‘Black Velvet’ magazine analysis.

‘Black Velvet’ magazine is an independent quarterly magazine, first published in 1994 as a black and white photocopied fanzine. Colour was first added to its centre pages alone in celebration of its 10th anniversary, upgrading to a full colour publication as recently as 2006 to celebrate its 50th.

It states in the magazine that they “reserve the right to promote the bands we like. Space is tight; we don’t want to waste it on those we don’t like.” This shows the magazine is confident enough in its brand identity to let readers decide for themselves whether the content appeals to them, and isn’t desperate for approval.

When looking at the magazine, particularly the inclusion of current bands: You Me At Six, Forever The Sickest Kids and Madina Lake, it can be inferred that the average reader would be between the ages of 14 and 22. This could be reinforced by the fact that the magazine is only sold in certain places in the U.K  so the reader would have to be a suitable age to travel, or would need a comprehension of the internet – as well as a credit card – to order online.

Because of this I would envisage the reader to be of a late stage of school or a student working towards a career in the industry, as the magazine is quite small and unknown in contrast to publications like Kerrang! so the reader would need a genuine interest in music. This focus is exemplified in the lack of adverts and lack of overbearing pictures: the words taking priority. This shows that the publication isn’t worried about the audience losing interest.

I would imagine the average reader to live in or close to a city like London or Brighton due to the fact that, as aforementioned, these are two of the only places the publication is sold in the U.K. as well as the vast amounts of students that live there. Income would be moderate, and as the magazine is only £2.10 and is published quarterly it is extremely accessible in terms of price.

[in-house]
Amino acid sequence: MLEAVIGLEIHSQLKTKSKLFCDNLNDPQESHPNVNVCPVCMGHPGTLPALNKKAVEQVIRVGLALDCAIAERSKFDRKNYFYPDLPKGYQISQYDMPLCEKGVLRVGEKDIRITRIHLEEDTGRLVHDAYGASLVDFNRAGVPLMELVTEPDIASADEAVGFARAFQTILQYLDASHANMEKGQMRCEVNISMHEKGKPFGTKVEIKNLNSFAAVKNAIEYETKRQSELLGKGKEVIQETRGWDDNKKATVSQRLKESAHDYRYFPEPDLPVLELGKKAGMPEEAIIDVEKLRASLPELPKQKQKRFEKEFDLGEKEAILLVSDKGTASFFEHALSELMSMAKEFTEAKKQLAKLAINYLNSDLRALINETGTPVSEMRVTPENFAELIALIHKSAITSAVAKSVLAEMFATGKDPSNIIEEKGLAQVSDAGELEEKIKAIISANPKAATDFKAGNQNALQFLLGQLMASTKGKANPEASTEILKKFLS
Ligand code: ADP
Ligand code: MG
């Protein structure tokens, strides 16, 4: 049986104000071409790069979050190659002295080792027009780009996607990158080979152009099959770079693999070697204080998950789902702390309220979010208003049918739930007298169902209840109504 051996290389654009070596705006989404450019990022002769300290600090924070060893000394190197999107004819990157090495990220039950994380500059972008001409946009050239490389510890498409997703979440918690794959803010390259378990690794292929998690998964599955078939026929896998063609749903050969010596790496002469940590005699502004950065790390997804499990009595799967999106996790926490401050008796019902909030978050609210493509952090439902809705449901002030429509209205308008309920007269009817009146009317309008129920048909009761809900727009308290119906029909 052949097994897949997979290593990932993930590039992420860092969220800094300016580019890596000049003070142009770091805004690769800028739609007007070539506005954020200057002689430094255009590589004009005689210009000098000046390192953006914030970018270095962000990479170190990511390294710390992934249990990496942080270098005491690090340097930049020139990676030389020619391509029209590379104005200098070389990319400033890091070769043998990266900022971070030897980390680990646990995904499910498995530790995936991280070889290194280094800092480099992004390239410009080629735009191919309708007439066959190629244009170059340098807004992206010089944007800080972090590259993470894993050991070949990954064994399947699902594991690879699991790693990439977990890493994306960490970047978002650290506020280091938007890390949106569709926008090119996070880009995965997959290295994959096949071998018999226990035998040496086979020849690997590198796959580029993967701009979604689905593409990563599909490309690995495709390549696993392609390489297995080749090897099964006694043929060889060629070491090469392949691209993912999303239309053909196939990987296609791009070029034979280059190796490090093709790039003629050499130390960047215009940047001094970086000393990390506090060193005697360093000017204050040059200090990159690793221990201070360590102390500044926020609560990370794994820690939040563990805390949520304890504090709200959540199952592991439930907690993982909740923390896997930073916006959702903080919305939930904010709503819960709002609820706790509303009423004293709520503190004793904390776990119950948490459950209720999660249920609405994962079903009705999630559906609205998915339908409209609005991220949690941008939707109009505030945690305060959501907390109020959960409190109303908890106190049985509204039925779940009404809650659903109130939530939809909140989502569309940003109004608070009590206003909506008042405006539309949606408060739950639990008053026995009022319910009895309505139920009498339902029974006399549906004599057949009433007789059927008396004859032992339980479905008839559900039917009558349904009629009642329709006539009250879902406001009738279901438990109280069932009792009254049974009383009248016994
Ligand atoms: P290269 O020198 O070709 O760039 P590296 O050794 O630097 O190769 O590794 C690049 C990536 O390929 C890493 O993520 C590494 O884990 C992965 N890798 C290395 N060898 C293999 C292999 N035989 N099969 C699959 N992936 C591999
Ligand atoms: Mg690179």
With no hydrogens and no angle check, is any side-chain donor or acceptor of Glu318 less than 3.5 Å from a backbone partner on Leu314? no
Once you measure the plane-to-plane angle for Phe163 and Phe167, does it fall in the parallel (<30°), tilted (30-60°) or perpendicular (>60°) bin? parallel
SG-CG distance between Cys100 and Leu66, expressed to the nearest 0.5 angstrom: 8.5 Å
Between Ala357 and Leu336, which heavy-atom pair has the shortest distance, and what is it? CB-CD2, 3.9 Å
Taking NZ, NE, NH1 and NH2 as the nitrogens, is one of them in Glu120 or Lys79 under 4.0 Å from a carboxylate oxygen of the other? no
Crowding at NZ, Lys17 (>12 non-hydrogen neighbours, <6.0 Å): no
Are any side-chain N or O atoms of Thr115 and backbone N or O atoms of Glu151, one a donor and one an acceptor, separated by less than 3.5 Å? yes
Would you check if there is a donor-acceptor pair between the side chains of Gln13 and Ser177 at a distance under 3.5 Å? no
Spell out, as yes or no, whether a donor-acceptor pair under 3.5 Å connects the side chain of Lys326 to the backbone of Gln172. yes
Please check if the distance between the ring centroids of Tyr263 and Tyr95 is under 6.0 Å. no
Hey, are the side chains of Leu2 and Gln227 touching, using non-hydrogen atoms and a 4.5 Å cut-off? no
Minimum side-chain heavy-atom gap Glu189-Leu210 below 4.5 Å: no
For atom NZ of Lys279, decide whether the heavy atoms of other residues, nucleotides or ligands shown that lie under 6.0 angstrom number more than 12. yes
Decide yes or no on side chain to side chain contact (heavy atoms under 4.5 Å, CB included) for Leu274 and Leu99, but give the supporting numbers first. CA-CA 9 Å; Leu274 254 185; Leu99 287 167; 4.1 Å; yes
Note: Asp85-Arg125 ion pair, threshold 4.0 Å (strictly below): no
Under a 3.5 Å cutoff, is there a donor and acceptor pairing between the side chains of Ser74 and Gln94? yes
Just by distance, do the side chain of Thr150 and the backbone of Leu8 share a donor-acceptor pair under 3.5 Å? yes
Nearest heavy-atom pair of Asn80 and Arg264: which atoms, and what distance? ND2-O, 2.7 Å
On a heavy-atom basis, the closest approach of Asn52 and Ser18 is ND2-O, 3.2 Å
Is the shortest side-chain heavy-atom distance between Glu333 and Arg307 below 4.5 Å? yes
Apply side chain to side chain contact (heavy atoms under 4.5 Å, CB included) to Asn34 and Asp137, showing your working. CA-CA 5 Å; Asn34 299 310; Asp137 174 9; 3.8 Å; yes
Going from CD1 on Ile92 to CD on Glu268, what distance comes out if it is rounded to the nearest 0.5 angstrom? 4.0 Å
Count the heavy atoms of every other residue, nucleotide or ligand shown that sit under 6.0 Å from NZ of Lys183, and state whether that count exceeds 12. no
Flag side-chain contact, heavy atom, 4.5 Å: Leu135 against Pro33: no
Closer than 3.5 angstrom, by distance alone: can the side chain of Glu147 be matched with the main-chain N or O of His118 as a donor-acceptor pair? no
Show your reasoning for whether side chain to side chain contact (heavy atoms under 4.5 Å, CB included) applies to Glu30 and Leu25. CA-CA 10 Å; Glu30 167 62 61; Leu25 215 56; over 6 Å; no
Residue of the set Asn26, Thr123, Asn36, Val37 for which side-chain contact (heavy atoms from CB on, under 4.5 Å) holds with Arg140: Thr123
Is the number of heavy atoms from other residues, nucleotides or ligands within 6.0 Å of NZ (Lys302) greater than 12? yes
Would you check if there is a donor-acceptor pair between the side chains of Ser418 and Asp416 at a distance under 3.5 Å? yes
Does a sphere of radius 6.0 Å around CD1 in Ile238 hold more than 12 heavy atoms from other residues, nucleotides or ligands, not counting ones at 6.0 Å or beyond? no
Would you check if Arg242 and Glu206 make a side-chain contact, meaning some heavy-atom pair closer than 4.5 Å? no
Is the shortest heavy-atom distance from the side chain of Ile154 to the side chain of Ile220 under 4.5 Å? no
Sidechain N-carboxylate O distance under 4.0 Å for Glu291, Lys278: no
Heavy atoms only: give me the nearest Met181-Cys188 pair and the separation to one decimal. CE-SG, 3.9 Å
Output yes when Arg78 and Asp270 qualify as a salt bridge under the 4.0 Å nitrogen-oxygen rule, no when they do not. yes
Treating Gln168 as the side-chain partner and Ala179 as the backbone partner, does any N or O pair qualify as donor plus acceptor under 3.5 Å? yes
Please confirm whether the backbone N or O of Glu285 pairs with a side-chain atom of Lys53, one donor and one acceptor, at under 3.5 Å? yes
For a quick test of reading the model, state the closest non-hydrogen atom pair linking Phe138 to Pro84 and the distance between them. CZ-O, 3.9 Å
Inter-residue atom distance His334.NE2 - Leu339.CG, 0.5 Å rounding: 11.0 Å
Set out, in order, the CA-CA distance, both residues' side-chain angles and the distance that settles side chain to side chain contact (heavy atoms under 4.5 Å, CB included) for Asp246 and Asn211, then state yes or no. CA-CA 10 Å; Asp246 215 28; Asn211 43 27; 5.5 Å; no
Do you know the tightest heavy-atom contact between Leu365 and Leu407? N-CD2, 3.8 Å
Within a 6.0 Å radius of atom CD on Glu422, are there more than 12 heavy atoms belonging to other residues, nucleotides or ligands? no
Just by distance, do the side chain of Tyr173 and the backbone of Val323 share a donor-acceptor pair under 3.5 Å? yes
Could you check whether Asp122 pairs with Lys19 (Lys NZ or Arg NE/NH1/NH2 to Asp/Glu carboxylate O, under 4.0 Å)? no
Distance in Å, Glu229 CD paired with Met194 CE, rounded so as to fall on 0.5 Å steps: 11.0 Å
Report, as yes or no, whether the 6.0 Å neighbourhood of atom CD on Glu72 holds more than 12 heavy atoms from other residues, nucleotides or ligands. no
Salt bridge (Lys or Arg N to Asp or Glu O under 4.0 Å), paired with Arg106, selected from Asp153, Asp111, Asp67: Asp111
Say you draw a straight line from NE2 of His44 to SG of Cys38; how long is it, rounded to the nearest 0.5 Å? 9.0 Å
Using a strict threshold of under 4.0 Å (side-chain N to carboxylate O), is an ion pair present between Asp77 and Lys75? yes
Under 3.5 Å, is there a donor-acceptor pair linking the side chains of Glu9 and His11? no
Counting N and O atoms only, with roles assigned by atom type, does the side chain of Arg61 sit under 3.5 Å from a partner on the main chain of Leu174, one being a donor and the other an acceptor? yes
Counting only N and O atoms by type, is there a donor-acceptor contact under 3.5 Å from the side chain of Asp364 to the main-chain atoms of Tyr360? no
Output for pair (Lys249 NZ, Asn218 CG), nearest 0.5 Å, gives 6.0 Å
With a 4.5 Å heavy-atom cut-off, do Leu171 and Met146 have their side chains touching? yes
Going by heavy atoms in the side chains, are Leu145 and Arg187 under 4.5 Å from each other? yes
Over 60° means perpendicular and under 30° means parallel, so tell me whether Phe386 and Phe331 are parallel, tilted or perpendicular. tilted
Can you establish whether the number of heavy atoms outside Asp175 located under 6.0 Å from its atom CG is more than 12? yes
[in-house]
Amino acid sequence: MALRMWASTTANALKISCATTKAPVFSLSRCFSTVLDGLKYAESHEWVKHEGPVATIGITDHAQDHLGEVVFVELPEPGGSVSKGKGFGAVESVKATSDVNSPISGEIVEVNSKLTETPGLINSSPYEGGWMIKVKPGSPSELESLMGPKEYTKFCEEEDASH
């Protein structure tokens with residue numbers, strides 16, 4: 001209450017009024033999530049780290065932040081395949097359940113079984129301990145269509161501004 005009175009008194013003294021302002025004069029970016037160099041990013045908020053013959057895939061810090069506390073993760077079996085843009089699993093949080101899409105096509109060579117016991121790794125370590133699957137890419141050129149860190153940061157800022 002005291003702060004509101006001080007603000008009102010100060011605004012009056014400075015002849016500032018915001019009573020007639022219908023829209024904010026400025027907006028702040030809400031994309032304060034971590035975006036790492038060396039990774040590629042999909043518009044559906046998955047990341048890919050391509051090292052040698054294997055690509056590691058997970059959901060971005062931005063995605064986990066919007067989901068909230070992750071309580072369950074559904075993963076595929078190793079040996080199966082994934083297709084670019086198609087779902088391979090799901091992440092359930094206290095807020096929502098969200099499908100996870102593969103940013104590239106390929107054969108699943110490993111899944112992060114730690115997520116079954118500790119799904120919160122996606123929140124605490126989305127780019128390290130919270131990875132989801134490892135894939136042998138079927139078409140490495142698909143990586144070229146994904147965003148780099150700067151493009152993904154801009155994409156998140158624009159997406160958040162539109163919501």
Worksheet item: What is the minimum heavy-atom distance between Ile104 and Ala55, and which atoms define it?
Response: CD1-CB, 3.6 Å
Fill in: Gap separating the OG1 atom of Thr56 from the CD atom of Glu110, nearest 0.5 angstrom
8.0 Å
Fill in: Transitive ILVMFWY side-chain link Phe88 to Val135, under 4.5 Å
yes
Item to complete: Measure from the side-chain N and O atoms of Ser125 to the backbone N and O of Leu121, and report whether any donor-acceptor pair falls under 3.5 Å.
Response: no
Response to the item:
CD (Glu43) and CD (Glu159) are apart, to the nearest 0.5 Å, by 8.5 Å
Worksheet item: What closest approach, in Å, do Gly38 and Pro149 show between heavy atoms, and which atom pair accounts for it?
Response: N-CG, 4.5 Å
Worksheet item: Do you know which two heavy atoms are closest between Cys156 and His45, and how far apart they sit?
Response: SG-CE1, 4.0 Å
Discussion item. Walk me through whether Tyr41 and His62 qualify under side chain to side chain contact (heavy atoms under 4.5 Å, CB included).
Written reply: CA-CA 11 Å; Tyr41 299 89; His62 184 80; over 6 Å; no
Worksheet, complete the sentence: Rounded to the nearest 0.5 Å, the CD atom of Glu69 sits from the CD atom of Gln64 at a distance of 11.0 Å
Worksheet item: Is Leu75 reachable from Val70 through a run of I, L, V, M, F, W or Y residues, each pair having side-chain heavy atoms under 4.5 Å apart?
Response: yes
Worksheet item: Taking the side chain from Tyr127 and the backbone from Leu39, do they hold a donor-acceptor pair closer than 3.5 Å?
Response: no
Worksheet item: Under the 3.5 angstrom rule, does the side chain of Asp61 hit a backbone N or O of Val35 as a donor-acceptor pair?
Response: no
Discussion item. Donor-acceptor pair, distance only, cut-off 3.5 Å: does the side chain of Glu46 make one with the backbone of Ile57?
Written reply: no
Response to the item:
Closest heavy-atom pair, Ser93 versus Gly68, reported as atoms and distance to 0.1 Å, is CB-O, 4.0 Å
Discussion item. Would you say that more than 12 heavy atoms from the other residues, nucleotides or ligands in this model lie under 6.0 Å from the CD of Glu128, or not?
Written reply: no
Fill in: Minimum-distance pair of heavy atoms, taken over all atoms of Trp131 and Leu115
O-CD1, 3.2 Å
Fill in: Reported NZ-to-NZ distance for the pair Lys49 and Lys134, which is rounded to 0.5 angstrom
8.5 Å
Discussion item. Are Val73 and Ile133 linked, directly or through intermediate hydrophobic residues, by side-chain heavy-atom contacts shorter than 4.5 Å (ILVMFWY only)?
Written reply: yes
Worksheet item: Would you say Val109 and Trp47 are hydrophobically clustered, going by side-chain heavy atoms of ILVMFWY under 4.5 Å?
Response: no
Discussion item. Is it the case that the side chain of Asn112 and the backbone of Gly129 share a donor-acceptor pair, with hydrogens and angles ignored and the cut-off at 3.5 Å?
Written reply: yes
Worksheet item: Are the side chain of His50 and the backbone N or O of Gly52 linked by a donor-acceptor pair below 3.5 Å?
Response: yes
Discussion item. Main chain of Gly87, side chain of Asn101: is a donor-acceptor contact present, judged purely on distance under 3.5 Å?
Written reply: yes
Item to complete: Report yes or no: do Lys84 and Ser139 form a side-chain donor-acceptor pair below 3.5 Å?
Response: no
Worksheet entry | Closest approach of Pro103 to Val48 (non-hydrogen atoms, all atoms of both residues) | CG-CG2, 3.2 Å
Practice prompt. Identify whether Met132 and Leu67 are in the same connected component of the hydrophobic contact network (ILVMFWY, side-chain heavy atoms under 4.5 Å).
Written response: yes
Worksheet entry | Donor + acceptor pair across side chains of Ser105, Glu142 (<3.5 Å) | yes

I would expect readers to indulge in hobbies such as creating music –as there aren’t adverts included to suggest other interests like fashion or video games as there are in other mainstream publications. This further exemplifies the strict focus on music as the adverts that are included are mainly album releases. However, there is an advert for ‘Blinky Media’ printing company, the inclusion for which could be new bands who read the publication who are looking to get their merchandise printed. This could add an element of personal identification for readers as they could see themselves or what they would like to be reflected in the magazine. Having said that, I would anticipate the readers’ style to be trendy but quirky, perhaps with coloured, funky hair, skinny jeans and band t-shirts. As well as perhaps a reflection of what the bands featured look like.

In terms of race and ethnic background, I would anticipate most readers to be of a white middle class background with no strict religious values, as rock music as a whole is often associated with breaking social norms, and is often linked with darkness.

When reading, it becomes clear the magazine isn’t overtly gender specific. It uses a lot of gender neutral colours such as black. It also uses a good mixture of male and female musicians – Flyleaf and Halestorm being female fronted and Lostprophets and Boys like girls being all male – This shows the wide range of acts included, which would appeal to a diverse audience.


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